Newspaper article The Christian Science Monitor

Anwar Al-Awlaki: ACLU Wants Militant Cleric Taken off US 'Kill List'

Newspaper article The Christian Science Monitor

Anwar Al-Awlaki: ACLU Wants Militant Cleric Taken off US 'Kill List'

Article excerpt

The US government has linked Anwar al-Awlaki, a US citizen in Yemen, to the Fort Hood shootings and the Christmas Day bombing. But the ACLU filed a lawsuit Monday to stop an alleged plan to assassinate him.

Two US civil rights groups are asking a federal judge to halt an alleged Obama administration plan to kill an American citizen believed to be allied with Al Qaeda and hiding in Yemen.

The Center for Constitutional Rights and the American Civil Liberties Union (ACLU) filed the lawsuit Monday in Washington. It asks US District Judge John Bates to order the government not to carry out the alleged plot to conduct a targeted killing of Anwar al- Awlaki.

Mr. Awlaki is a militant Islamic lecturer who used the Internet to spread the ideology of Al Qaeda. Born in the US and educated at American colleges, Awlaki has provided a bridge between militants overseas and some radical Muslims based in the US.

He is reported to have encouraged Fort Hood shooter Nidal Hasan. He allegedly helped train Umar Farouk Abdulmutallab, who has been charged with attempting to blow up an airliner on Christmas Day, and is said to have inspired would-be Times Square bomber Faisal Shahzad.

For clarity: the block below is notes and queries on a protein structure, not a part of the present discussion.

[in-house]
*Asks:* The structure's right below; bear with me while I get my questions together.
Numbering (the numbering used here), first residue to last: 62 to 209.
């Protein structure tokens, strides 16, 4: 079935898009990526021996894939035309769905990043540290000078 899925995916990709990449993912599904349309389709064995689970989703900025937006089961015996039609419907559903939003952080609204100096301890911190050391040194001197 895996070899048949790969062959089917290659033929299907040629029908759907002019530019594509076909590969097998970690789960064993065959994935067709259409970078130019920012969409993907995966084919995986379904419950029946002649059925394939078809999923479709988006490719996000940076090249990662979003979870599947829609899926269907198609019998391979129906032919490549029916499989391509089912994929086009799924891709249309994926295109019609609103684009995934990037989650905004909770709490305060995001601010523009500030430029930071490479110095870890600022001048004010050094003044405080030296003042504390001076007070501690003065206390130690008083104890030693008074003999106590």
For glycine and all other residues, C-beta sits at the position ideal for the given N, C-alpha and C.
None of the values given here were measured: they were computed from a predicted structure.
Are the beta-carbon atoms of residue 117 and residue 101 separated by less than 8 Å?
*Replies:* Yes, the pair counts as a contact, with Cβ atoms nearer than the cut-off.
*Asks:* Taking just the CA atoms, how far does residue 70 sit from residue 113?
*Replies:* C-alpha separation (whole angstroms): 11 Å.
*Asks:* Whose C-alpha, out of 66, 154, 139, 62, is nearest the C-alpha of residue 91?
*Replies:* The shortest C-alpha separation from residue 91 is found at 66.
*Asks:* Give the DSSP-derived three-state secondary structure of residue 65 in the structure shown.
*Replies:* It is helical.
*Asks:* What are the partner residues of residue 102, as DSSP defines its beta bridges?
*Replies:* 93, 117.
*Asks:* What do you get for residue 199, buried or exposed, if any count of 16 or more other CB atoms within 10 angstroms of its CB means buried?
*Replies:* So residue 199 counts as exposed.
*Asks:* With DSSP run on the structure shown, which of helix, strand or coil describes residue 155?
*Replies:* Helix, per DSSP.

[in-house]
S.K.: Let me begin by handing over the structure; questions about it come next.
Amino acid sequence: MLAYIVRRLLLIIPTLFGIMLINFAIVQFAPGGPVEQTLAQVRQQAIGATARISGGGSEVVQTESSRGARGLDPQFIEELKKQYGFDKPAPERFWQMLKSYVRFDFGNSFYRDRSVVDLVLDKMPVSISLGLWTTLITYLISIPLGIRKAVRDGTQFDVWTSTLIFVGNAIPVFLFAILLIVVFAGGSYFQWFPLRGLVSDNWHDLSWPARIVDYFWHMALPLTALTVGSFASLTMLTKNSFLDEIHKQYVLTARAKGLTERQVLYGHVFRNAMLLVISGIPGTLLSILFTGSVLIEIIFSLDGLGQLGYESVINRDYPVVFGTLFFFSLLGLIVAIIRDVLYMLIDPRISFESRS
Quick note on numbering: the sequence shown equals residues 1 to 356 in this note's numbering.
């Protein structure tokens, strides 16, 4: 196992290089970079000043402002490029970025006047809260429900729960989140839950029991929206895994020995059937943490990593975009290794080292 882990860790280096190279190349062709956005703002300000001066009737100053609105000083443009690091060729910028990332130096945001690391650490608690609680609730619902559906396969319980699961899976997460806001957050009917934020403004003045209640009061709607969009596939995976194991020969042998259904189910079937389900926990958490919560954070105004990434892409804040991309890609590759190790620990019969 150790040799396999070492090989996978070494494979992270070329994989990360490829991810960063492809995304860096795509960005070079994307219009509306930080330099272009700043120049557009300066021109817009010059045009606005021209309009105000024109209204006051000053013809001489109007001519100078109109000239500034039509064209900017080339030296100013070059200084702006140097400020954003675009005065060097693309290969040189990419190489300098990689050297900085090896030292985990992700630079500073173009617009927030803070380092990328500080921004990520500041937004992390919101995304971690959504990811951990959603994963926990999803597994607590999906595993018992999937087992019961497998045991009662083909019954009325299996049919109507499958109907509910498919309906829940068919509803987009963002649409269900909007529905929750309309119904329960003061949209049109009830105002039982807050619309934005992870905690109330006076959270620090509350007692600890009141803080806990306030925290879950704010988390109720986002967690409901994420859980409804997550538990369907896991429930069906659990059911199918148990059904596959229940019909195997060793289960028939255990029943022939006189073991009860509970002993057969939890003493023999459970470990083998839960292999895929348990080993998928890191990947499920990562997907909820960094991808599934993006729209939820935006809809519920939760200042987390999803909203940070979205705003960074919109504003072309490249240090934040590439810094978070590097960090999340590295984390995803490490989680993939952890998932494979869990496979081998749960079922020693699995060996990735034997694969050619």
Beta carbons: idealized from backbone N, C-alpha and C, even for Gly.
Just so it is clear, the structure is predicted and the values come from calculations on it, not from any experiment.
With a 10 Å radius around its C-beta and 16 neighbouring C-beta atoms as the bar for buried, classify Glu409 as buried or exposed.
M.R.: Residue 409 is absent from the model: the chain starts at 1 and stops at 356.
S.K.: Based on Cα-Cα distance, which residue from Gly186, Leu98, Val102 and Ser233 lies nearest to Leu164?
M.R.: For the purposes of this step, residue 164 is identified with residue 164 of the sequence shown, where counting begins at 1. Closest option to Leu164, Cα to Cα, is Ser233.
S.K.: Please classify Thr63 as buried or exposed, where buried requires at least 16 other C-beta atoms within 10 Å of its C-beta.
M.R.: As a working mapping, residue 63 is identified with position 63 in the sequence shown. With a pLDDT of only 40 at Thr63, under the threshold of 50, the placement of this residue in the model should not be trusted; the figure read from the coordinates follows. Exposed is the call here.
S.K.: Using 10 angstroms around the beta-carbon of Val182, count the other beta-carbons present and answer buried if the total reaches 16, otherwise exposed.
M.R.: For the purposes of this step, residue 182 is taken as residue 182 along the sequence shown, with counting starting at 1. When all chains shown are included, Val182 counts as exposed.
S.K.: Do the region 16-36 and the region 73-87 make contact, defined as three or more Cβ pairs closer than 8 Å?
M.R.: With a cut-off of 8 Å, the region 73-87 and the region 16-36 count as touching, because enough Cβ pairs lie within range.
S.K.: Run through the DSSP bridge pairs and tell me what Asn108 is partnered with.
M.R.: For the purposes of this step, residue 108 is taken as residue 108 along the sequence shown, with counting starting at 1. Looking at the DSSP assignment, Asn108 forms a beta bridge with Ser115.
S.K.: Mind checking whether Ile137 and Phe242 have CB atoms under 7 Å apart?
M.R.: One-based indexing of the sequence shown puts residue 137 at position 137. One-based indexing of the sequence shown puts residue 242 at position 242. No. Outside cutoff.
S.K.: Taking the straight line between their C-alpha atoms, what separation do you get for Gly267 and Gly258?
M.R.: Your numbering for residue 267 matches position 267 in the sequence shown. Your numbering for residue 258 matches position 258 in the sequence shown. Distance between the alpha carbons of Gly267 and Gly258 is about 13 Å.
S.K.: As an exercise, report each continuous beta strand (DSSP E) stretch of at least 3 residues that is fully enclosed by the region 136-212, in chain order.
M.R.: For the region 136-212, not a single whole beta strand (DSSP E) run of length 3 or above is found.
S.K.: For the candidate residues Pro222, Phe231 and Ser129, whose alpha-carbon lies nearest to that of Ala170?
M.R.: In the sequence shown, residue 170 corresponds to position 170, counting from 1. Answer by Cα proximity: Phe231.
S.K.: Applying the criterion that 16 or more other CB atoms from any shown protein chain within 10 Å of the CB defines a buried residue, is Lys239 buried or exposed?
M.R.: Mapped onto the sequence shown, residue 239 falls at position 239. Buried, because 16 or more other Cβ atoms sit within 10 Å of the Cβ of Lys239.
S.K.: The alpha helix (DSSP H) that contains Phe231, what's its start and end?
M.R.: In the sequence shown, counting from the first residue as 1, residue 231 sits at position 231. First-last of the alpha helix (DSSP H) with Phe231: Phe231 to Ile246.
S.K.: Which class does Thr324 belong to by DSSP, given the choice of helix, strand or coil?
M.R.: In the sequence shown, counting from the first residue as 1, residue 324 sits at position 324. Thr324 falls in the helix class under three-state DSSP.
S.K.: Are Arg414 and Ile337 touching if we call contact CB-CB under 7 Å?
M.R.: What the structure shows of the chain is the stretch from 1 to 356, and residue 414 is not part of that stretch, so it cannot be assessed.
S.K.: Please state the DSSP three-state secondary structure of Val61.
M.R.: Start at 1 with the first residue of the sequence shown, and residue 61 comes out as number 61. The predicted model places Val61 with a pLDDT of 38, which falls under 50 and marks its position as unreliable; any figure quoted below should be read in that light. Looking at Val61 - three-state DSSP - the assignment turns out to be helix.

According to the lawsuit, US officials placed Awlaki's name on a "kill list" in early 2010. The suit says that American officials are using secret criteria to determine who goes on the list.

It says the killings are carried out by the Central Intelligence Agency or the military's Joint Special Operations Command (JSOC).

"The right to life is the most fundamental of all rights," says ACLU lawyer Arthur Spitzer in the complaint.

"US citizens have a right to know what conduct may subject them to execution at the hands of their own government," Mr. Spitzer writes. "Due process requires, at a minimum, that citizens be put on notice of what may cause them to be put to death by the state."

The complaint adds: "Both the Constitution and international law prohibit targeted killing except as a last resort to protect against concrete, specific, and imminent threats."

Government officials have defended the program, saying that after the 9/11 attacks Congress granted the executive branch wide latitude to take action to protect the country from Al Qaeda. …

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